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Mr. G. Woods "Gregor Woods" (Sheffield)
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Bad Science
Bad Science
by Ben Goldacre
Edition: Paperback

3 of 6 people found the following review helpful
5.0 out of 5 stars An excellent book, 8 Jan 2009
This review is from: Bad Science (Paperback)
I have enjoyed Ben Goldacre's column in the Guardian for some time. I initially thought his book was going to be simply a collection of those articles; it is far more than that. What a compelling and comprehensive account he gives of the the nature of evidence-based medicine. Thank goodness there is at least someone "out there" willing, and eminently able, to identify and shame the hucsters, snake-oil salesmen and lazy journalists so wonderfully nailed in this book. It is a book to make you angry. It is a book to tell your friends about. It is a book that should be in every school library. Providing children with an understanding of how and why evidence-based medicine developed, what life was like before it did, and how to assess the health-claims made by the day-time sofa-fillers and assorted self-styled health gurus, should form part of the National Curriculum (teachers could perhaps create some space in the day by ditching Brain Gym....). Ben, thank you.


Chasing the Dragon
Chasing the Dragon
by Jackie Pullinger
Edition: Paperback

25 of 26 people found the following review helpful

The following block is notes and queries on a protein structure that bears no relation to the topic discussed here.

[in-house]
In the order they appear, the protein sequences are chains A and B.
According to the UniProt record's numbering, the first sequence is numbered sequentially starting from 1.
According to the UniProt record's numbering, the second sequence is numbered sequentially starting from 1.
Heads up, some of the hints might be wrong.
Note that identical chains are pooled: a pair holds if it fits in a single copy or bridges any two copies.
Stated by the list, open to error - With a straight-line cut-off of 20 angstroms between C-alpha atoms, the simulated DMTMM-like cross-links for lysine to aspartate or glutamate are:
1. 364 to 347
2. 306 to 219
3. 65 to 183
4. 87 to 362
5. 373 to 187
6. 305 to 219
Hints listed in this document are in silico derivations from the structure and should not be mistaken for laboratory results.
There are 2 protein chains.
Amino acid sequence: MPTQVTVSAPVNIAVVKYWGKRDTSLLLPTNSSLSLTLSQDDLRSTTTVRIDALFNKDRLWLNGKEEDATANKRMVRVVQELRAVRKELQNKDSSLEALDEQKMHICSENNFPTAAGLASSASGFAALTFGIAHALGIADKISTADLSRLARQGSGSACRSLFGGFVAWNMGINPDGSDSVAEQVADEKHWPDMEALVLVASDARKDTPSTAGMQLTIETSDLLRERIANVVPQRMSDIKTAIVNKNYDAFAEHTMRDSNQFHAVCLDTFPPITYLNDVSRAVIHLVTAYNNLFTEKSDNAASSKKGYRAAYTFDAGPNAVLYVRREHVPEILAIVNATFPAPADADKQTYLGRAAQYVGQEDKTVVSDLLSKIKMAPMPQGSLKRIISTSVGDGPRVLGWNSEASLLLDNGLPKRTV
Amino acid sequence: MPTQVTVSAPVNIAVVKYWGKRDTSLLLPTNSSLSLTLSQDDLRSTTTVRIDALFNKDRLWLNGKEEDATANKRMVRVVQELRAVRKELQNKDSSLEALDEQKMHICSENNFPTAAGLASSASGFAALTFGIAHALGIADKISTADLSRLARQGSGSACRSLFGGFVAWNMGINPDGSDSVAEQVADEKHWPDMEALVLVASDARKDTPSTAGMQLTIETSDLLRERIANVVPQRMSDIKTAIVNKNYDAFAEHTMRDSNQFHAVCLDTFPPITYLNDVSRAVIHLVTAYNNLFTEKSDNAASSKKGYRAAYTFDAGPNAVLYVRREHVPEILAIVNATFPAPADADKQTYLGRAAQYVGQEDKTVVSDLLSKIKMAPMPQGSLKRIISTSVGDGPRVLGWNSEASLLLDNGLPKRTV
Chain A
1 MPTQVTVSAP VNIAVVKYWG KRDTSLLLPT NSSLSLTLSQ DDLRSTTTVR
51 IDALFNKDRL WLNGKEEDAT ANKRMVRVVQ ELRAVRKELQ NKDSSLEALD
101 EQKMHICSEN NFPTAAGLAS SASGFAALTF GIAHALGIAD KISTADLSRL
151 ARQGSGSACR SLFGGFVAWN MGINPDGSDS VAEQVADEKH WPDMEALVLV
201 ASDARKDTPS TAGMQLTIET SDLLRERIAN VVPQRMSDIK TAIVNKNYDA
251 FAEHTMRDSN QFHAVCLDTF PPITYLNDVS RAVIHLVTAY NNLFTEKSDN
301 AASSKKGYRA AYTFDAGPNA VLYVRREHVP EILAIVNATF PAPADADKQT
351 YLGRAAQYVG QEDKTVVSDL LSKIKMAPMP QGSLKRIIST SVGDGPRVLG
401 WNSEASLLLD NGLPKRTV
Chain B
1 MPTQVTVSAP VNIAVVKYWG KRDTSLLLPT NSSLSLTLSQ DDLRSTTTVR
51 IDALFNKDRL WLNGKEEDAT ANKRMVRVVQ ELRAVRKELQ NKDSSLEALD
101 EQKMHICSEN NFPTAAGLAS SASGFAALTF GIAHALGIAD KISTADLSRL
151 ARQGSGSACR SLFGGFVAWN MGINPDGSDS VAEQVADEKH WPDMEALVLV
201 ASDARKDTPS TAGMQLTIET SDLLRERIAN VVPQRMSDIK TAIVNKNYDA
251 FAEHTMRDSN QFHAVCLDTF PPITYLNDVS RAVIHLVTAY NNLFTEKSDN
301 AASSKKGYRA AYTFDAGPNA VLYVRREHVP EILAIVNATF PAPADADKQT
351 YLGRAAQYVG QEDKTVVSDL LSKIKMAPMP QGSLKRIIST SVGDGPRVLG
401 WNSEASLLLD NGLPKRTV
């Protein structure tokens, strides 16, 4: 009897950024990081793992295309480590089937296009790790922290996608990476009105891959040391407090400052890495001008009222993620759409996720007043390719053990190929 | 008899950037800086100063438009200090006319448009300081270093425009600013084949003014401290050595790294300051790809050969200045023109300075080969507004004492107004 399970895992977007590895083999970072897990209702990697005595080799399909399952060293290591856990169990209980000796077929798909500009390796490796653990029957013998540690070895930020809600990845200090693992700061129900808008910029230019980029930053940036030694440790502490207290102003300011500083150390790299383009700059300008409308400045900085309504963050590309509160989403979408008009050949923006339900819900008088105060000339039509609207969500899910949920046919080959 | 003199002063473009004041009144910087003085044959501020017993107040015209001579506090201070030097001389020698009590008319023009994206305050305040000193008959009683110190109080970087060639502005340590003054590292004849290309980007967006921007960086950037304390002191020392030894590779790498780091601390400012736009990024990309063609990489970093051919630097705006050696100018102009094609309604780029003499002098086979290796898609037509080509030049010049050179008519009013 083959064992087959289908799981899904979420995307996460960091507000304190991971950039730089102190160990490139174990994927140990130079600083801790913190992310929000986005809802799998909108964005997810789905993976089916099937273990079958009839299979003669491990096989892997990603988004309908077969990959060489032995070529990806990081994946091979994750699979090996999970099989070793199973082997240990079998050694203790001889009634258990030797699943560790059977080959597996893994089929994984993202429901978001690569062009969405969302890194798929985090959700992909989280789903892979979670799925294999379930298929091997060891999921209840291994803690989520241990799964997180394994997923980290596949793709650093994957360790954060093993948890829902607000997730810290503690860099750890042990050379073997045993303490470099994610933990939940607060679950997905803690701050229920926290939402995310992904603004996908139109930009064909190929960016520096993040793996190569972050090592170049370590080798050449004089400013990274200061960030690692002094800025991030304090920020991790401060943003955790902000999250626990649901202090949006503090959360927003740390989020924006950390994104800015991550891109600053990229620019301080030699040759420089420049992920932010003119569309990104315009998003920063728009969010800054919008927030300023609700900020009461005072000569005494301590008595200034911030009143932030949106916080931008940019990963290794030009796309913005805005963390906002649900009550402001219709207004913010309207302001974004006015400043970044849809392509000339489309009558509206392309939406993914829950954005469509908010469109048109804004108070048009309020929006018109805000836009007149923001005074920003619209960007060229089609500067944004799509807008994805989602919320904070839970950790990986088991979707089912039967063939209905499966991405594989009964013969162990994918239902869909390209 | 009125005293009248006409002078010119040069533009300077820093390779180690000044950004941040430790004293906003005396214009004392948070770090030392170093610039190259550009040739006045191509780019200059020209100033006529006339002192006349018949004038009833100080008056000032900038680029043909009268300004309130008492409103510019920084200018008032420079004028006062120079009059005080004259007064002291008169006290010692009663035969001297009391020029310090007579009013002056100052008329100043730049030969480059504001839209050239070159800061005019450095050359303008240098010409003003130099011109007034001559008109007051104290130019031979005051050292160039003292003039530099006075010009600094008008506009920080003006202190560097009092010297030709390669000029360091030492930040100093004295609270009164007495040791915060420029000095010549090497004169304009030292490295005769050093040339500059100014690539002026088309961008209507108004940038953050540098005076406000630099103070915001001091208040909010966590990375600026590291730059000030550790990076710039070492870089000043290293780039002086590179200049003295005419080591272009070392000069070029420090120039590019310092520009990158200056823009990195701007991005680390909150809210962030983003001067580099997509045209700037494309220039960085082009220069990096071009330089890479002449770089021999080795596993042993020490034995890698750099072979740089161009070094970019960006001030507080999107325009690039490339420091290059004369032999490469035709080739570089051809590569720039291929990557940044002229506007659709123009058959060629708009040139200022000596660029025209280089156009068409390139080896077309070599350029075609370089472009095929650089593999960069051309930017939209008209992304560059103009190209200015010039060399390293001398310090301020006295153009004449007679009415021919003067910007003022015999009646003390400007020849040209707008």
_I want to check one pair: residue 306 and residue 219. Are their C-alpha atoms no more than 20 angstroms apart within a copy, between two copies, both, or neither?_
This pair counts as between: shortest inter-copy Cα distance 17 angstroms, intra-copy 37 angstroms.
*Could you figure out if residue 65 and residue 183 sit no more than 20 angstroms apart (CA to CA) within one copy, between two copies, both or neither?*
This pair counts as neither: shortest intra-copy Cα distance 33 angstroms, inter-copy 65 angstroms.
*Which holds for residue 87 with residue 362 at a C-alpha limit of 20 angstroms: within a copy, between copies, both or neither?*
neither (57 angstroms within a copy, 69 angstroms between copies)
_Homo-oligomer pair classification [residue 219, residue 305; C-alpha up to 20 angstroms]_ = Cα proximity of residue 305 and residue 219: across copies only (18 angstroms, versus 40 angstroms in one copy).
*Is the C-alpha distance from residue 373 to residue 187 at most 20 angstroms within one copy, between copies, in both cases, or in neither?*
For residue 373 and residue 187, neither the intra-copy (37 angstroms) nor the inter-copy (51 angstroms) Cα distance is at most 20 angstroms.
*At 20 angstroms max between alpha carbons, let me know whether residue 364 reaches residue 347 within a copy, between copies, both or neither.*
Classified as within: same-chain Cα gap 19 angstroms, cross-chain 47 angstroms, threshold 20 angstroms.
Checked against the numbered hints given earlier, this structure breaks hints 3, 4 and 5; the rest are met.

5.0 out of 5 stars life changing, 26 May 2008
This review is from: Chasing the Dragon (Paperback)
I read this book as a 16 year old and found the account of Jackie Pullinger's work in Hong Kong exhilarating and inspiring. As a 17 year old, I had the opportunity to go out to work with her, together with two friends, all three of us keen to do something "different" before starting at University. I remember seeing the small, outlying islands of Hong Kong through the aircraft window as we began our descent and wondering whether what I had read in Chasing the Dragon would prove to be exaggerated, or simply false. What I discovered was not "simply" that heroin addicts were indeed routinely coming off the physical addiction of life-long heroin abuse painlessly when they prayed, and were prayed for, by former drug addicts and helpers from around the world, but that there, in Hong Kong, through Jackie and her team, there was a work that combined the "social gospel" of outreach to the poor, sick and hopeless, with a belief and trust in the miraculous intervention of God in people's lives. The hungry were fed, the sick were cared for, families were put back together and, yes, the miraculous took place. It became not only a life-changing experience for me, but a bench mark by which I have come to evaluate other Christian ministries.
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